Engineers activating thefine-tuned its electrical power system to better cope with the actual space environment and cooled down slightly warmer-than-expected motors before pressing ahead Monday with final deployment of the observatory's critical sunshade.
Bill Ochs, the NASA project manager, said tightening up the sunshade's five hair-thin layers, carefully pulling them taut with motor-driven cables running through multiple pulleys, likely would take three days to complete. But by Monday night, three of the five layers had been pulled into shape, with the final two awaiting tightening Tuesday.
Thehas long been considered one of Webb's , but "I don't expect any drama," Ochs said.
"I always tell folks, the best thing for operations is boring," he said. "And that's what we anticipate over the next three days. I think we'll all breathe a sigh of relief once we get to the final layer five tensioning. But I don't expect drama."
Webb, theever built, was with great fanfare atop a European Space Agency-provided Ariane 5 rocket on Christmas Day, bound for an orbit around the sun a million miles from Earth.
Designed to capture infrared light from the first stars and galaxies to form in the wake of the Big Bang, Webb is extraordinarily complex. But other than minor growing pains common to all new spacecraft, Ochs said the $10 billion observatory is moving through its initial activation almost exactly as planned.
"We are still in the getting-to-know-you phase with the telescope," he told reporters in a morning teleconference. "All satellites will always be a little bit different on orbit than they are on the ground, and it takes time to get to know that, understand their characteristics.
"That's a lot of what we've been doing over the last week, as well as still making excellent progress on the commissioning timeline."
The telescope's solar array was deployed as planned moments after reaching space, two trajectory correction thruster firings were carried out, a high-gain antenna was unlimbered and pointed at Earth and two pallets holding the sunshade membranes were rotated into position.
An extendable tower lifted Webb's primary mirror and instruments about four feet above the still-folded sunshade, providing clearance and additional isolation from the heat generated by the spacecraft's electronics. A "momentum flap" then was deployed to counteract slight forces imparted by the solar wind.
After protective covers were rolled back out of the way, two telescoping boomson New Year's Eve, pulling out the Kapton membranes into their now-iconic kite-like shape.
"The tensioning of the layers is obviously the next big step that we go through," Ochs said. "When we complete tensioning of all five layers, we will have retired somewhere between 70 and 75 percent of those 344 single-point failures that were discussed prior to the mission."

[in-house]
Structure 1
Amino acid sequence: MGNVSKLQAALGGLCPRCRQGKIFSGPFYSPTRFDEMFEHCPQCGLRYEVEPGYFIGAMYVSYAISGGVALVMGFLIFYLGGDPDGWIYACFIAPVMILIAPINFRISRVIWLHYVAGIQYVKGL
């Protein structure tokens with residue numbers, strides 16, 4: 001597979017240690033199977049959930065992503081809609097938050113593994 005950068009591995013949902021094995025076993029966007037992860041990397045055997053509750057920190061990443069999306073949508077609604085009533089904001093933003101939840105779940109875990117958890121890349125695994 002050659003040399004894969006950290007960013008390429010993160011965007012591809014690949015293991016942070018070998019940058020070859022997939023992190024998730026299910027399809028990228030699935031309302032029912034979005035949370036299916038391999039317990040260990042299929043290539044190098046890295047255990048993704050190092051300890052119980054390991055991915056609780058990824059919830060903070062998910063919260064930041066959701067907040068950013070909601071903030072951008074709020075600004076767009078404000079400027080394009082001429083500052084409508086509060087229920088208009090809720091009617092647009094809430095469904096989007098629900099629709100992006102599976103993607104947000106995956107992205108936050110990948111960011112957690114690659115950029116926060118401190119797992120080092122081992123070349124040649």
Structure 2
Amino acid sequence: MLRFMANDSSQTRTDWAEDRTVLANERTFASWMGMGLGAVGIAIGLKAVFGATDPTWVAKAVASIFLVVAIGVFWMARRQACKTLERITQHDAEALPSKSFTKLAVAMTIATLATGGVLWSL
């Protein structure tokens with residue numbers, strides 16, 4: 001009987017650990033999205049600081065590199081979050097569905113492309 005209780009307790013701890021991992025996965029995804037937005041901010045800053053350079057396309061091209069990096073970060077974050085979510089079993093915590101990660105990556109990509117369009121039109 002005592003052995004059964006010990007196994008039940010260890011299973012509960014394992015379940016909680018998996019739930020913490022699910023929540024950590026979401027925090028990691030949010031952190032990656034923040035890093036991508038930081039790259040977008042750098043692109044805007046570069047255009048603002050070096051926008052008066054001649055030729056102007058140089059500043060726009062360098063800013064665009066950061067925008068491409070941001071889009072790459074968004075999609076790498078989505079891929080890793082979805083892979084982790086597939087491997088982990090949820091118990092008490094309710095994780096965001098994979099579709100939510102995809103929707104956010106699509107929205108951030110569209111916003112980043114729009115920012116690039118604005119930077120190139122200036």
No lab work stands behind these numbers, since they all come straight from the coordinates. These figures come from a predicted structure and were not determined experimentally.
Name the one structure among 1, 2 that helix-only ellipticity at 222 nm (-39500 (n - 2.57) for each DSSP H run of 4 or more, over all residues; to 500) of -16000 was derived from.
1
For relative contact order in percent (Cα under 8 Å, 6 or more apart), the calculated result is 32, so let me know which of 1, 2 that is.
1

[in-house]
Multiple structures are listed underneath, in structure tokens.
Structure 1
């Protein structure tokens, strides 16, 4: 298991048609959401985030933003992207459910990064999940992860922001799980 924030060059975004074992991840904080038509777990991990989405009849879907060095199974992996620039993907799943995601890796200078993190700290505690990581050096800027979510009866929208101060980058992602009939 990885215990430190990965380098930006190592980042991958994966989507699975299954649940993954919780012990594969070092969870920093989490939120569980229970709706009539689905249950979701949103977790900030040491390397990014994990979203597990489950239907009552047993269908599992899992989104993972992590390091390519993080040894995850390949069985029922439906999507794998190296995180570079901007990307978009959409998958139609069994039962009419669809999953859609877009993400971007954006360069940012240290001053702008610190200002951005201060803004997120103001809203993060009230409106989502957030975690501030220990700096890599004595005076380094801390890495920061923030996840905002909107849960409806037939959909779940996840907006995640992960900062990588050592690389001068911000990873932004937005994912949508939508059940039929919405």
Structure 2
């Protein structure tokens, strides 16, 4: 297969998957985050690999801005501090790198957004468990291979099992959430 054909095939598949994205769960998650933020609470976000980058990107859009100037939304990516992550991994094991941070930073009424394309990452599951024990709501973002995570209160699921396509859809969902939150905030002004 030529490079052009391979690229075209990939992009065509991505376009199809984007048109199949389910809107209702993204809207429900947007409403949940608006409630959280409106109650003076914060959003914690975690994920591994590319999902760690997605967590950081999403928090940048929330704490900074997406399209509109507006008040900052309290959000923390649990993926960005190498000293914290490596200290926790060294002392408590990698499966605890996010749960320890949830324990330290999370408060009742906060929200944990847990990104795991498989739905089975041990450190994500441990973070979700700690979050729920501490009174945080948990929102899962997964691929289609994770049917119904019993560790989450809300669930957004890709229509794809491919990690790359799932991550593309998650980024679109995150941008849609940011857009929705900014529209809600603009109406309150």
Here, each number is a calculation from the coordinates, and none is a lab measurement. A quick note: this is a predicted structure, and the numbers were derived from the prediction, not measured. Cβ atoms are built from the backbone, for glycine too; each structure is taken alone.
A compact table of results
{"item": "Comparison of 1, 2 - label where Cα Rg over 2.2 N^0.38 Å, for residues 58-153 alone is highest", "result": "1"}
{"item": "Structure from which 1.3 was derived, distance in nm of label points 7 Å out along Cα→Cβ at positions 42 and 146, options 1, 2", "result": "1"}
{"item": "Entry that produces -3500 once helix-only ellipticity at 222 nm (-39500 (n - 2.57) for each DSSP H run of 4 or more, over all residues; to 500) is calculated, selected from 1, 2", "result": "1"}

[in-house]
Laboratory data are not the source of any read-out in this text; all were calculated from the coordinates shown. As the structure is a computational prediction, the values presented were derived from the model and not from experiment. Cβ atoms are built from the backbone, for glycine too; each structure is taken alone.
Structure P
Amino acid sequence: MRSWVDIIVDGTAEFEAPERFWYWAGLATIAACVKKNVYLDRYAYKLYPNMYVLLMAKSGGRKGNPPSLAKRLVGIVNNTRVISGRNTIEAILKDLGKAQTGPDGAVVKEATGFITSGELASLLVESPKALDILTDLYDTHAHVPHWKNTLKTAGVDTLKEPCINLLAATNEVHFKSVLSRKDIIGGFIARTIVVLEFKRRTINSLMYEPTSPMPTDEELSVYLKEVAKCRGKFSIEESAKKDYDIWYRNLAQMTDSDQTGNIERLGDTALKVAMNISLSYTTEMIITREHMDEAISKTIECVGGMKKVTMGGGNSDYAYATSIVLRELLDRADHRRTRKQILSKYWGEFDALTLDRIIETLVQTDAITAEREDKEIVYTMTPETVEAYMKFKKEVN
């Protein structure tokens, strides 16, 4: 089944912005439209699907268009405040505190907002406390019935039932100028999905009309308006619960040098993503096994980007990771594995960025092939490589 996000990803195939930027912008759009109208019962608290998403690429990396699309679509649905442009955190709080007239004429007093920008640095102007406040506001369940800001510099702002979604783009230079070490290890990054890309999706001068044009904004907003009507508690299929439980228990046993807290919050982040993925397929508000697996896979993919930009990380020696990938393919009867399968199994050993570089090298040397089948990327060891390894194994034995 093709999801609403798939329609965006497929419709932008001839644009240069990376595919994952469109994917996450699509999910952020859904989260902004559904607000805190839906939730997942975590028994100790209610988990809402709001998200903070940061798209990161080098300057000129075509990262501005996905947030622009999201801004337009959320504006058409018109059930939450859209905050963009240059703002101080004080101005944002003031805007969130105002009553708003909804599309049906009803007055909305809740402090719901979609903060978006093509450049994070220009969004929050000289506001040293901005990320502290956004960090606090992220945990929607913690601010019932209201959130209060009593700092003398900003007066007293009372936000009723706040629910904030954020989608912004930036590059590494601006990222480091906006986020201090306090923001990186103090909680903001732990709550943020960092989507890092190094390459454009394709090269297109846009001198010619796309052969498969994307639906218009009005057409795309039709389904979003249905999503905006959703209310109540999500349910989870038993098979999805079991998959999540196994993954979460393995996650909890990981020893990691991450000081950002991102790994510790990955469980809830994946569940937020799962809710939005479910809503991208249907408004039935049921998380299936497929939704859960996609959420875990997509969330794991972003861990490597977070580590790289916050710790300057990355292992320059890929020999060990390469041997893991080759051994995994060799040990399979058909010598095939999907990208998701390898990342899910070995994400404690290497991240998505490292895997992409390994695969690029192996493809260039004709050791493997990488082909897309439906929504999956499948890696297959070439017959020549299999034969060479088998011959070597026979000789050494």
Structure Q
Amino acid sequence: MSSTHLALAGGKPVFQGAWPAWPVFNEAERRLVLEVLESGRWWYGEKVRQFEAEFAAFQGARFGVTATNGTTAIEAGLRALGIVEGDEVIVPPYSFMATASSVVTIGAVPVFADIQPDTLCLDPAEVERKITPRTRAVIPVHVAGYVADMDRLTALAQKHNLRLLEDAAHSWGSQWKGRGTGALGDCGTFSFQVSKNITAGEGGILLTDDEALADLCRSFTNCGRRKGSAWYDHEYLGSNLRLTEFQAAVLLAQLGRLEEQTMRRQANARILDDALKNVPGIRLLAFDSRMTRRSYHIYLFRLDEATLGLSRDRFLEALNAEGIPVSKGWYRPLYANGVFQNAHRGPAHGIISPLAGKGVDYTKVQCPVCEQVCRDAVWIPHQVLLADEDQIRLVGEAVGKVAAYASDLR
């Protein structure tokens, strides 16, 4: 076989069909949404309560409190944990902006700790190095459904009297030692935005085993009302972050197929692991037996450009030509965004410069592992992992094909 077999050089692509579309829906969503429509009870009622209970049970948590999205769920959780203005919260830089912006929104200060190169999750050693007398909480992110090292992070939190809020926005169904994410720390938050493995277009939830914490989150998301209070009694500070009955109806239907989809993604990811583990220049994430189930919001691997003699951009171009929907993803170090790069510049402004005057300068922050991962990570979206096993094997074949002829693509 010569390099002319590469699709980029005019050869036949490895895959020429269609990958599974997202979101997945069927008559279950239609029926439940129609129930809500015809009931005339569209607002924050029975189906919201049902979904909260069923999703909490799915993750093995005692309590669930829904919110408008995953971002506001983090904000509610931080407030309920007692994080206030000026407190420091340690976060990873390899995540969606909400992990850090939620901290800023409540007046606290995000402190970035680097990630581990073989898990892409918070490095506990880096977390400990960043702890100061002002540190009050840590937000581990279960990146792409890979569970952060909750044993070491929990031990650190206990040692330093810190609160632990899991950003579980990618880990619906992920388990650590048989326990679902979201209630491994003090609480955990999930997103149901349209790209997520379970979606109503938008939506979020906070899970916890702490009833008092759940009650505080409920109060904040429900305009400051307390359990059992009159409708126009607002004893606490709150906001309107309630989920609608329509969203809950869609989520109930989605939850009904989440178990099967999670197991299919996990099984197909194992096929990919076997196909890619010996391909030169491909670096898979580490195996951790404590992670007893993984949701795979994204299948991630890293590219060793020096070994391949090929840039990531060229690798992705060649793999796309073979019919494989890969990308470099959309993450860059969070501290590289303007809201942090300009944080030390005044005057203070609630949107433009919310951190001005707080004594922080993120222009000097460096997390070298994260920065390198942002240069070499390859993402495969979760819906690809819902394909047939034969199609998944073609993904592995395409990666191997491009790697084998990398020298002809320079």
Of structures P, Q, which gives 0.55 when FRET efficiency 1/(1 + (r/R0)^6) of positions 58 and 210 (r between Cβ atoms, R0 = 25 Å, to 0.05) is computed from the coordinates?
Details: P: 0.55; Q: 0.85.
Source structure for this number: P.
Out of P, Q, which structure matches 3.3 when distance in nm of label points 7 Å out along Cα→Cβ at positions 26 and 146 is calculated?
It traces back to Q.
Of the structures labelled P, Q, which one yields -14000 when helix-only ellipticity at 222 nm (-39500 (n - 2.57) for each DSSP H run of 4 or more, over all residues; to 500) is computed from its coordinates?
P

He was referring to the number of non-redundant devices and mechanisms required for Webb's myriad deployments that have no backups if something goes wrong. All of them simply have to work.
The sunshade is required to block out the heat of the sun, cooling Webb's 21.3-foot-wide primary mirror and instruments to nearly 400 degrees below zero, cold enough to register faint infrared light from the first stars and galaxies to light up after the Big Bang.
To achieve the required ultra-low temperatures, each layer must be pulled taut by motor-driven cables running through multiple pulleys, a process that also lifts and separates the membranes to allow gaps for heat to dissipate.
That final tensioning was held up over the weekend to give engineers time off after a busy first week of deployment activity and then to assess the performance of Webb's five-panel solar array and its battery system.
As it turned out, factory presets governing the solar array's output needed adjustment to take into account the actual temperatures Webb is experiencing in space. At the same time, the telescope was re-oriented slightly to cool six motors needed to pull the sunshade layers taut.
"Everything is hunky-dory and doing well now," said Amy Lo, Webb systems engineer with prime contractor Northrop Grumman. "The observatory was never in danger, we were never power starved. ... The rebalancing of the array gives us quite a lot of margin (for) the expected increase in power that we will be needing as we proceed on."
As for the motors, Lo said they were never out of limits, just a bit warmer than optimum. Playing it safe, Webb was reoriented Sunday to improve cooling and "we've got a lot of margin now on our temperature."
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